You know what? It can be pretty useless for a certain subject of people. Bodybuilders, powerlifters, short distance track athletes, certain professional and amateur team sport players (particularly in football and hockey) and other athletic individuals such as soldiers can get some absurd readings when concentrating on BMI. On the flip side, some rail thin people may never leave the couch and have horrible health! With a grin, other typical everyday citizens love to point out these amazing pieces of health trivia.
In a country with a median male bicep circumference around 13.3 inches (not at all good when you consider a median waist of 39.133"!) BMI is great. If the grinning troll lecturing you about the BMI is a powerlifter or soldier or something, concede them the point - BMI would certainly fail them. I mean, your 5'10" 186 lb author is even overweight by BMI standards - but our 32" waist snaps us back to reality.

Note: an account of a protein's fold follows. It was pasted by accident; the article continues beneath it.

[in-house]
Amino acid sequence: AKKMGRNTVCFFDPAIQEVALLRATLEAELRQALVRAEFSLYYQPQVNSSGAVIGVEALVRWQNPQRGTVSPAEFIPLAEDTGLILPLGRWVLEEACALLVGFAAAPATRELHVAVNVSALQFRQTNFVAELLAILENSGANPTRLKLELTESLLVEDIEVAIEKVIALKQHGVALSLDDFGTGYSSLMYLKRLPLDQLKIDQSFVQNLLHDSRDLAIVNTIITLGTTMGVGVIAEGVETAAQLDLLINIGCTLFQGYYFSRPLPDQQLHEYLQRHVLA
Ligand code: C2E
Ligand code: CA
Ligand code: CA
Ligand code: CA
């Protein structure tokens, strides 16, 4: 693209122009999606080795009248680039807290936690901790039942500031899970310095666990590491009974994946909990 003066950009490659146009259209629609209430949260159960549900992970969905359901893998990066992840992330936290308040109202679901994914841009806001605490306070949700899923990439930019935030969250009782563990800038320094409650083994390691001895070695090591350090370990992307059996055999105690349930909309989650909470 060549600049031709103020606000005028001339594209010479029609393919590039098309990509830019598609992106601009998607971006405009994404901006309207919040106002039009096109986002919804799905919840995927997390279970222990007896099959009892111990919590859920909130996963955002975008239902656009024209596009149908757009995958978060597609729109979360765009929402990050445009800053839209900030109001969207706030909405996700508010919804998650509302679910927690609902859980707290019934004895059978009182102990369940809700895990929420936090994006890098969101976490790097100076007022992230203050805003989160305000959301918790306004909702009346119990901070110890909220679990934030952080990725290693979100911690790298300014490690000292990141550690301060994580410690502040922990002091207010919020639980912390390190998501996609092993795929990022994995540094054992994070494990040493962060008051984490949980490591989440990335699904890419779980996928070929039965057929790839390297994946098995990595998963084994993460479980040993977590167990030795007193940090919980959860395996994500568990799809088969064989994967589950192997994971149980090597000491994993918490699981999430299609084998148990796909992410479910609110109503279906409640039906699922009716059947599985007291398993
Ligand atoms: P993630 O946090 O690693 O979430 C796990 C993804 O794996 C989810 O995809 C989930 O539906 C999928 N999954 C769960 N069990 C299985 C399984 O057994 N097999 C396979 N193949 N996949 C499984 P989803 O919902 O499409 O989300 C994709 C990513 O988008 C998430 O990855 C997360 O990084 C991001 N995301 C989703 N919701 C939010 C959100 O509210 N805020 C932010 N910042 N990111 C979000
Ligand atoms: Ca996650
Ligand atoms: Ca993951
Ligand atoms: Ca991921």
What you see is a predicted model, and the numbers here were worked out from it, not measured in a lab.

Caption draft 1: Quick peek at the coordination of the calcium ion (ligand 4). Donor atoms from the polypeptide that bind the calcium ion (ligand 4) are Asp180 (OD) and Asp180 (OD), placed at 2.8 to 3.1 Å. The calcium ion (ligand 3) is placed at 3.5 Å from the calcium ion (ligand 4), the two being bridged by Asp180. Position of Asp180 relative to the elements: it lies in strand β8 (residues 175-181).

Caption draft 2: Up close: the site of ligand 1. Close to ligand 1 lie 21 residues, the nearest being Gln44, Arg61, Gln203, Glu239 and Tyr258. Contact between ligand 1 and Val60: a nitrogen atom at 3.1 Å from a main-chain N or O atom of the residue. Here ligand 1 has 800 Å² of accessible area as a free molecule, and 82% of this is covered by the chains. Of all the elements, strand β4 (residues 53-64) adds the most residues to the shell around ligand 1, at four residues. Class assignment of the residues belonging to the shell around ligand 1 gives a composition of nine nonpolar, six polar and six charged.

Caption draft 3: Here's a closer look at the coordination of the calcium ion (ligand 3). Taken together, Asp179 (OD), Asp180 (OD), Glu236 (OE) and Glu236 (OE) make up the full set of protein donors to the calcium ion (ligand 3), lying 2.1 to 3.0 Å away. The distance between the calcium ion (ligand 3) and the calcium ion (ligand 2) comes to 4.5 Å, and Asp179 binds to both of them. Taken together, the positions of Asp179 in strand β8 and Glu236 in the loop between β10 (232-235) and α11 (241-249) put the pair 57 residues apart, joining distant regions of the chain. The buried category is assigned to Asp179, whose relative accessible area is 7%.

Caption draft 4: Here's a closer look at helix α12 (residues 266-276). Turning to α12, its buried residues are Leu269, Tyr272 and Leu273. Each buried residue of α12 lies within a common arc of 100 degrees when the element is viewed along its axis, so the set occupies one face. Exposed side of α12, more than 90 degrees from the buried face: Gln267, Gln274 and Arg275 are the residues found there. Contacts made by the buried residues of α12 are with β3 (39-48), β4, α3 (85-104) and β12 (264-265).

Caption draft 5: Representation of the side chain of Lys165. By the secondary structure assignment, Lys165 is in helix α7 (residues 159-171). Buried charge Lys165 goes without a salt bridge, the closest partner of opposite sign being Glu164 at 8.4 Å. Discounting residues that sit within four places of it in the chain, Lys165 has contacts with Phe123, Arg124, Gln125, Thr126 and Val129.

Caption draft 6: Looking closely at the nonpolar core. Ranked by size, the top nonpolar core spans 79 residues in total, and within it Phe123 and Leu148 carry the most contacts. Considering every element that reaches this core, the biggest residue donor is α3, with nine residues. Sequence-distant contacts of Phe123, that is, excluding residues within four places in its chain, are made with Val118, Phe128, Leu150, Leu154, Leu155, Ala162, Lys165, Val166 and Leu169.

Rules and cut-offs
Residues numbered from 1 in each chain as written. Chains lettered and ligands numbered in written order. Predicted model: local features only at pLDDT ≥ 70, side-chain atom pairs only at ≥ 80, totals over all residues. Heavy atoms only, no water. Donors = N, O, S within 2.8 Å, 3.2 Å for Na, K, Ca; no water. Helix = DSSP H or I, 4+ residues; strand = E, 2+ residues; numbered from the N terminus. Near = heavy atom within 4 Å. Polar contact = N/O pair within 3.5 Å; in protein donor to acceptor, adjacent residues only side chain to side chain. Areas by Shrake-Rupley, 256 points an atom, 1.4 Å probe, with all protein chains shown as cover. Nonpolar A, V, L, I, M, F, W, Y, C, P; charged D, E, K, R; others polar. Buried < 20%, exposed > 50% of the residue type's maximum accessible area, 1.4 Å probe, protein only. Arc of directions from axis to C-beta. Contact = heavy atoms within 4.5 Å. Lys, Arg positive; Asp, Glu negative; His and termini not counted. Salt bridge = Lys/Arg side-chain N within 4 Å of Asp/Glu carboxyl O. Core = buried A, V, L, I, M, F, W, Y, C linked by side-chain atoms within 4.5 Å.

Here's the thing. If BMI doesn't apply to you, you already know it. When your doctor performs your annual physical and sees a 6 pack, they're not going to tell you to watch your weight.
Basically, even though a point can be made that some people are poorly served by some rule of thumb doesn't automatically mean that you can toss the rule of thumb out the window. The maybe 5% of people BMI doesn't apply to already know it, and those people aren't going to adjust their behavior to fit the model of the everyday citizens any more than the everyday citizens are going to follow through on their 2014 Resolutions and lift weights past January 31st.
Regular, Everyday Normal Folks vs. Saving Too Much
So it goes with this study on saving too much. (It hurts to just write it!)
The Morningstar piece, just like some of our greatest hits such as our American household food spending or savings calculators uses data from the Consumer Expenditure Survey. You know who makes up that survey? You shouldn't be surprised to learn it's average, typical, everyday, normal citizens of the United States - specifically chosen from a variety of demographics to accurately model the population as a whole.